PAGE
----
Last application was Aug '12, rejection was Apr '13, letter did not offer reapply. So I'm in the range of 1.5 - 2 years if I apply now, with standard 6 month wait that will put me over the two years between applications and in to the 5yr total stay as we landed SG in May '10.

thanks

I guess that you have made up your mind to apply and just wanted us to say yes-please apply? because if u read my reply earlier I said it would be better to apply after 4-5 years, but you say that you will be completing 5 years after the 6 month wait after submitting the application. Is it better to wait a bit more and then reapply? Anyway Good Luck !

Re: What are you doing on X'mas eve?

nakatago:
Making smoked ham and Swiss cheese sandwiches, kale chips and having some craft beer.
Probably put some free movies (thanks, Google Play) on the Chromecast.
Video hangouts with the people at home.
Update my Android app.
Relaunch my webcomic.
Earthbend.

:-|

Re: What to do for New Year's Eve?

nakatago:
(*,) -->

All the guides I've seen are using iPhone 5 at least! And they STILL slide in and out of the makeshift cardboards... because they're too small :lol:

That's what I've read from Google Cardboard's site, and also from your link above.

That's why the kits come with rubber bands!

Full time Mandarin Adult Classes

29121532:
Hi Everyone .

If anyone could please help me out , Im looking for a good place to attend full time Mandarin Classes Daily from Mondays - Fridays. Any suggestions would be really appreciated. Thank you .

Re: Singapore Informal Conversations with Customers

JR8:


Because they are far too timid and polite, and afraid to call a spade a spade. They seek to suggest the virtue of better social behaviour, but never, or only in the gentlest most humorous of ways, aim to shame bad behaviour.

Man, I'd love to be given a budget to make some anti-kiasu adverts :)

In the same way that you will not alter 'survival of the fittest' neither will you persuade a kiasu ar$e that he/she really should consider others. The 'warrior lifestyle' that you link is for people who aspire to being virtuous. It would make nil impression on something who doesn't care what others think, and quite possibly gets a buzz from p'ing other people off in a 'I won/you lost') kind of way.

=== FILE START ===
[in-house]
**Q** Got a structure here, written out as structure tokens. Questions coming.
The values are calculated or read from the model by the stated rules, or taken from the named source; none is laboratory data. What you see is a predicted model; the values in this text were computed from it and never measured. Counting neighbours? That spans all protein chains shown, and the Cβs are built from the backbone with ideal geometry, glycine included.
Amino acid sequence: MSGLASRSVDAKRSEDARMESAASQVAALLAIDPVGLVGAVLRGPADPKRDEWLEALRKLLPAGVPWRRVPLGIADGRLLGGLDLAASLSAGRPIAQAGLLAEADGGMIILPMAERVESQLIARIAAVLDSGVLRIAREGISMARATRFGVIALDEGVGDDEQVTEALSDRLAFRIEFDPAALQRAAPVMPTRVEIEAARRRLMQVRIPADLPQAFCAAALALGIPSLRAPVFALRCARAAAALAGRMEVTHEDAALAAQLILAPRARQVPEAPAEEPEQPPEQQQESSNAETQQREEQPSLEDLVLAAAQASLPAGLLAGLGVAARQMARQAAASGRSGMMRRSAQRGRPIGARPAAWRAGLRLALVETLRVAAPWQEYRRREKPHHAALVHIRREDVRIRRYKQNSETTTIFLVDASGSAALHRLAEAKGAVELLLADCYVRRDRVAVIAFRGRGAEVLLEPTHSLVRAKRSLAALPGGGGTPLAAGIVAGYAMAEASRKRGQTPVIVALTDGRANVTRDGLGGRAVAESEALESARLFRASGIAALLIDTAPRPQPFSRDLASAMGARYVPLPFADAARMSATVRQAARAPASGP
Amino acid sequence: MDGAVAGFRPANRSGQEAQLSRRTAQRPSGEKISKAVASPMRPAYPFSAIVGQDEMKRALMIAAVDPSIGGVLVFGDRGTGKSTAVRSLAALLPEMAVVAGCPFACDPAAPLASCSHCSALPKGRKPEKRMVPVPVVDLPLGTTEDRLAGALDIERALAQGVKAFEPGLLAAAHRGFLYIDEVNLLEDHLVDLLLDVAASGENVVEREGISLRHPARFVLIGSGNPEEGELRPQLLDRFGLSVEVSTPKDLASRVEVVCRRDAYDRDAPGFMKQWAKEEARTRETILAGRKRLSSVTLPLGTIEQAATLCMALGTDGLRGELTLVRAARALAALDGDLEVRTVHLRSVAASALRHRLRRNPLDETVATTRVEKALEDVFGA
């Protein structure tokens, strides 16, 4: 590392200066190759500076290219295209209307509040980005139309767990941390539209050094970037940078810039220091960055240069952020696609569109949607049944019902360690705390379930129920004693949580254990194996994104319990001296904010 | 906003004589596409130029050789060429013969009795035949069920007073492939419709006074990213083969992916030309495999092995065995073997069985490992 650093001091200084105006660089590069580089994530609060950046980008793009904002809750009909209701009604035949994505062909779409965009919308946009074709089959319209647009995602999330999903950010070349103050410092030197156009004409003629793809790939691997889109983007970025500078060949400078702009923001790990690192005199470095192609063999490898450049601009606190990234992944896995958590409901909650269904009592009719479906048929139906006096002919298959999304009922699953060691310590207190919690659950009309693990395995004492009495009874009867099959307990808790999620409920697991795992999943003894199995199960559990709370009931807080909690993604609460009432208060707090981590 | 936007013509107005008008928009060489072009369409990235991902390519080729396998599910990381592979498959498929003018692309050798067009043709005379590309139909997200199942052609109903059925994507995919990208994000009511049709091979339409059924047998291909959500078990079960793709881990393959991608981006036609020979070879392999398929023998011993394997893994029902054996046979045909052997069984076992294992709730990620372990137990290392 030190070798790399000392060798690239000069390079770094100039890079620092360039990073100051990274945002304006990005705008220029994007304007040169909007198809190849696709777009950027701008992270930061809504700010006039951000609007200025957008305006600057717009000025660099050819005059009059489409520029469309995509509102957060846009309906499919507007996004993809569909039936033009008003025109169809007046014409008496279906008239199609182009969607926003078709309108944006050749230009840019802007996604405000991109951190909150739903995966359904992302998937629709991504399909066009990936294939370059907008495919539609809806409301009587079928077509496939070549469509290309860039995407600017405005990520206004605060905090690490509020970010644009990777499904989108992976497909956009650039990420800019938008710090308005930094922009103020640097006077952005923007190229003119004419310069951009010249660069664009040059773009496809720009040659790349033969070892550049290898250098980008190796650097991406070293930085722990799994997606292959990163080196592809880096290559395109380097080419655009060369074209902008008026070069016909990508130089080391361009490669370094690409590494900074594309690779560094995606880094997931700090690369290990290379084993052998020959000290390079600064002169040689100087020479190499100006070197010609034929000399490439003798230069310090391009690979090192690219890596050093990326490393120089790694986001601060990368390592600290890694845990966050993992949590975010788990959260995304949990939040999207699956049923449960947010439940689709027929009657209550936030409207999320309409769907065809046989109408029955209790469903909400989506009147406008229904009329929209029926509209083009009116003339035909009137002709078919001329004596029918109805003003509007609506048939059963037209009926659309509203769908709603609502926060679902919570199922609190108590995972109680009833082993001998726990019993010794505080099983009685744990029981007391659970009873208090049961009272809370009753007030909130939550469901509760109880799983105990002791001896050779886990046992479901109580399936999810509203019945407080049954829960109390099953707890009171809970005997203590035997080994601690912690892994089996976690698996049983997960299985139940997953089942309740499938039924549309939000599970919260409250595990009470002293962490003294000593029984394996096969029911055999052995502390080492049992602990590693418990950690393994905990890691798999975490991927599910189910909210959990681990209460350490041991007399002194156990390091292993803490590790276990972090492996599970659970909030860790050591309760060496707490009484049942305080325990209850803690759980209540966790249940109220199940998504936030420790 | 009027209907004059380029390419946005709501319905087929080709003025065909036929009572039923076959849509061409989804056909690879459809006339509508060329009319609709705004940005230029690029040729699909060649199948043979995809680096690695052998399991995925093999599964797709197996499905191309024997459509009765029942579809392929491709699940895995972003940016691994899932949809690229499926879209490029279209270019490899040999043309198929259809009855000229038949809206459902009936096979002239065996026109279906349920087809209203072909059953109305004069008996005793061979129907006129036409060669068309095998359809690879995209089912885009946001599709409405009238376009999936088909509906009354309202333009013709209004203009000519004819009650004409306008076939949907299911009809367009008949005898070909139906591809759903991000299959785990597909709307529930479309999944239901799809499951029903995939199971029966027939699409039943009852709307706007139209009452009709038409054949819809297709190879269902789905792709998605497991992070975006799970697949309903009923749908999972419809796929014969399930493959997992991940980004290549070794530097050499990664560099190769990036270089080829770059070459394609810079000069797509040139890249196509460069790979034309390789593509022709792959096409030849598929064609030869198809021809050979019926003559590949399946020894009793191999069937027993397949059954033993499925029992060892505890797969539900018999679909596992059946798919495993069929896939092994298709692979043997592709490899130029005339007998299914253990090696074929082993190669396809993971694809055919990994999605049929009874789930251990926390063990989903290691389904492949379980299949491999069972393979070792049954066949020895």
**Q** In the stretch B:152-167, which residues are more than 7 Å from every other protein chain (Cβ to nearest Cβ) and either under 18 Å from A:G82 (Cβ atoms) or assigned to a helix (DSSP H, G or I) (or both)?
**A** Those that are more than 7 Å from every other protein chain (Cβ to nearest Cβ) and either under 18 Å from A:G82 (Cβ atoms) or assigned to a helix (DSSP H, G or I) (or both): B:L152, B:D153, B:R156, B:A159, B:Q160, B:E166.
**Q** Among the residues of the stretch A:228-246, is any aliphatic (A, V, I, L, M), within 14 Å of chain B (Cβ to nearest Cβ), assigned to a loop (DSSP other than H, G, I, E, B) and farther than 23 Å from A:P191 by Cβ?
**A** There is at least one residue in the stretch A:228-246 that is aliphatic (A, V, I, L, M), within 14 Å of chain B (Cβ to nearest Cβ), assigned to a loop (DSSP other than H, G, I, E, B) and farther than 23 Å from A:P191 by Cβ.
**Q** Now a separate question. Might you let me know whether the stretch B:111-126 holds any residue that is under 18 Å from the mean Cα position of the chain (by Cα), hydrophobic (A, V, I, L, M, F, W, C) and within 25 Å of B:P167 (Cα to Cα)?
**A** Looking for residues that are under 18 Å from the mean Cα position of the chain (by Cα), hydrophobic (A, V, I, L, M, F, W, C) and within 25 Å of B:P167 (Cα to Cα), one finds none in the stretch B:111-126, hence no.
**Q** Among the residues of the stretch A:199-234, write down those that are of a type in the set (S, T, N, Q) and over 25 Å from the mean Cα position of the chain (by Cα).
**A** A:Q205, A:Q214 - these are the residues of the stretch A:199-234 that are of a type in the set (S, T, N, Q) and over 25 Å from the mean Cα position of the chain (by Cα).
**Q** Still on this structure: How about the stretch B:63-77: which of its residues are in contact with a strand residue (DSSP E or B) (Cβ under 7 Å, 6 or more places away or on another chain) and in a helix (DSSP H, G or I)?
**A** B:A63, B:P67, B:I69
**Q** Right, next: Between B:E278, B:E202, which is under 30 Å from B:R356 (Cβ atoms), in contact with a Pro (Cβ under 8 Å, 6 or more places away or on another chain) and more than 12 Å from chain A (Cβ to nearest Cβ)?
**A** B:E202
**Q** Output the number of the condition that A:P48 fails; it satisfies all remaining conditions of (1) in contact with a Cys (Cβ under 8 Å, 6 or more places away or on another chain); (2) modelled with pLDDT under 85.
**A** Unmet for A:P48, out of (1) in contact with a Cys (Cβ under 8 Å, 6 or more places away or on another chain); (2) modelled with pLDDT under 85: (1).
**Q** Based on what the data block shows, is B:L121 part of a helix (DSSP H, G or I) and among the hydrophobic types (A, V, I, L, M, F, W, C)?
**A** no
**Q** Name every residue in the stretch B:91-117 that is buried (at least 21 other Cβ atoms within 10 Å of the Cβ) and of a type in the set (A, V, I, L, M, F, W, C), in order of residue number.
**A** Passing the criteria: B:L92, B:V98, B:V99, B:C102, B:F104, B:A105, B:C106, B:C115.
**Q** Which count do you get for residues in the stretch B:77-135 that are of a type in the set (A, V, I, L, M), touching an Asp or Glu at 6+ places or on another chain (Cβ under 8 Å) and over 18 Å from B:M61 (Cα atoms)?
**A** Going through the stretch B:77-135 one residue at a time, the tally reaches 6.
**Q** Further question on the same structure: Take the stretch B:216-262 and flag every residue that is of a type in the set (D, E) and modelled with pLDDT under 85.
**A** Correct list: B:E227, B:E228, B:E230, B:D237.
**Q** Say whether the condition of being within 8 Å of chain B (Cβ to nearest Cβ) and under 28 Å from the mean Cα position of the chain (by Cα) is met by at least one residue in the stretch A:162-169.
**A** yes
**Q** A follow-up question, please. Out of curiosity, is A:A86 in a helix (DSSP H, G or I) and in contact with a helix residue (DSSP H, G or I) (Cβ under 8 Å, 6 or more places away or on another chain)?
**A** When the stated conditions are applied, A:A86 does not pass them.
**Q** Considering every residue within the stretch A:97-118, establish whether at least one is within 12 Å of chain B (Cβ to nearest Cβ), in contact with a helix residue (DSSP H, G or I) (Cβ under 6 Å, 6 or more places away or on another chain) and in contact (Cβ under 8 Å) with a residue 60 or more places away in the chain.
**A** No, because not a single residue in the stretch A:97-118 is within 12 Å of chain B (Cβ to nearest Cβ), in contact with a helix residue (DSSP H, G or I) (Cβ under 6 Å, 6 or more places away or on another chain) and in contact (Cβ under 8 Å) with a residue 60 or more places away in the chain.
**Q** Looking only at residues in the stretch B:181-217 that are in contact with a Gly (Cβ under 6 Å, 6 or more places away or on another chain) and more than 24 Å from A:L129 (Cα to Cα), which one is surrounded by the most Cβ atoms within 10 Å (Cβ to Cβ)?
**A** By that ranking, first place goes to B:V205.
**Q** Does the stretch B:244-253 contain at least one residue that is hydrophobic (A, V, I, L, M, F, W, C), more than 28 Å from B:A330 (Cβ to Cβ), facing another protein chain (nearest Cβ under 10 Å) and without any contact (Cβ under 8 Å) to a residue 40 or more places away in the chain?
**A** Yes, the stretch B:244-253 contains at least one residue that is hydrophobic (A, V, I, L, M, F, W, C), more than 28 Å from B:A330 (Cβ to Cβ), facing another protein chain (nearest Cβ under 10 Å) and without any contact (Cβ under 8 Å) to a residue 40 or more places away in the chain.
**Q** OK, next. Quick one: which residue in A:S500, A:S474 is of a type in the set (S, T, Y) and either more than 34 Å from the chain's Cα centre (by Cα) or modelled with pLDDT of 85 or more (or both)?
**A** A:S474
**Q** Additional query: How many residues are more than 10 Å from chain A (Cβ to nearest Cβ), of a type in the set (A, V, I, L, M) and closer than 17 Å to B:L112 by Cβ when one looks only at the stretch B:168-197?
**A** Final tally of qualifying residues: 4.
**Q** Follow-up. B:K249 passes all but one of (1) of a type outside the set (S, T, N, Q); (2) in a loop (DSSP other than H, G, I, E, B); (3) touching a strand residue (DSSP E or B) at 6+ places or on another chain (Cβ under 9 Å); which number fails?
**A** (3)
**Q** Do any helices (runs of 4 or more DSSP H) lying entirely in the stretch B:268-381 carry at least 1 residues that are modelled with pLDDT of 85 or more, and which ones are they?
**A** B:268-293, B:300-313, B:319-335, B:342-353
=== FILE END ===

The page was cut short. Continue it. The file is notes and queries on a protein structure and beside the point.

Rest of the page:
Re: Moving to Singapore in 45-60 days!

JR8:


That's why they provide you a small hand-washing bowl with a slice of lemon in it, although that bowl gets quickly cloudy with the gravy within your first 5-minutes of wrestling match with that shelled opponent.

In the outside pocket of my 'daypack' I must have accumulated 20+ odd packets of tissues and wet-wipes. Before eating with my hands I'll wash my hands in a sink it possible, but if not wet-wipes do a decent job. We leave some on the table for during the meal in case things get really sloppy :) The same procedure after eating will at least get you cleaned up enough to get home; assuming you cannot again find a sink at the feeding point.

--- re: being charges for tissues and water you haven't specifically requested; doesn't sound legally 'Reasonable' to me. Even more so if they are not listed on the menu as 'presumed as compulsory' items, in a similar way that service charges are usually listed on a menu, but you still have a right to ask for them to be removed.

Re: It's that time again - thoughts of applying for PR

MrBear:


When was your last rejection? You have not provided any details about it. It will be good if u have stayed in SG for 4-5 years in total and then apply again. Also, it is good to wait for 1.5-2 years before you reapply for the PR after the rejection date.

Hi SF,

Last application was Aug '12, rejection was Apr '13, letter did not offer reapply. So I'm in the range of 1.5 - 2 years if I apply now, with standard 6 month wait that will put me over the two years between applications and in to the 5yr total stay as we landed SG in May '10.

thanks

Re: What are you doing on X'mas eve?

sundaymorningstaple:


I agree. But.....

If they are not Christians, then it's just another gazetted holiday for one of the other religions for them and doesn't have the same significance as it does for Christians. After all, it did start out as a pagan holiday on the winter solstice. ;-)



Re: Moving to Singapore in 45-60 days!

sundaymorningstaple:
^^This! :lol:

Re: F/25 Russian - Looking 4 new friends

sundaymorningstaple:


This implies that a Russian can stop being Russian. :???:


Sergei certainly tries...... ;-)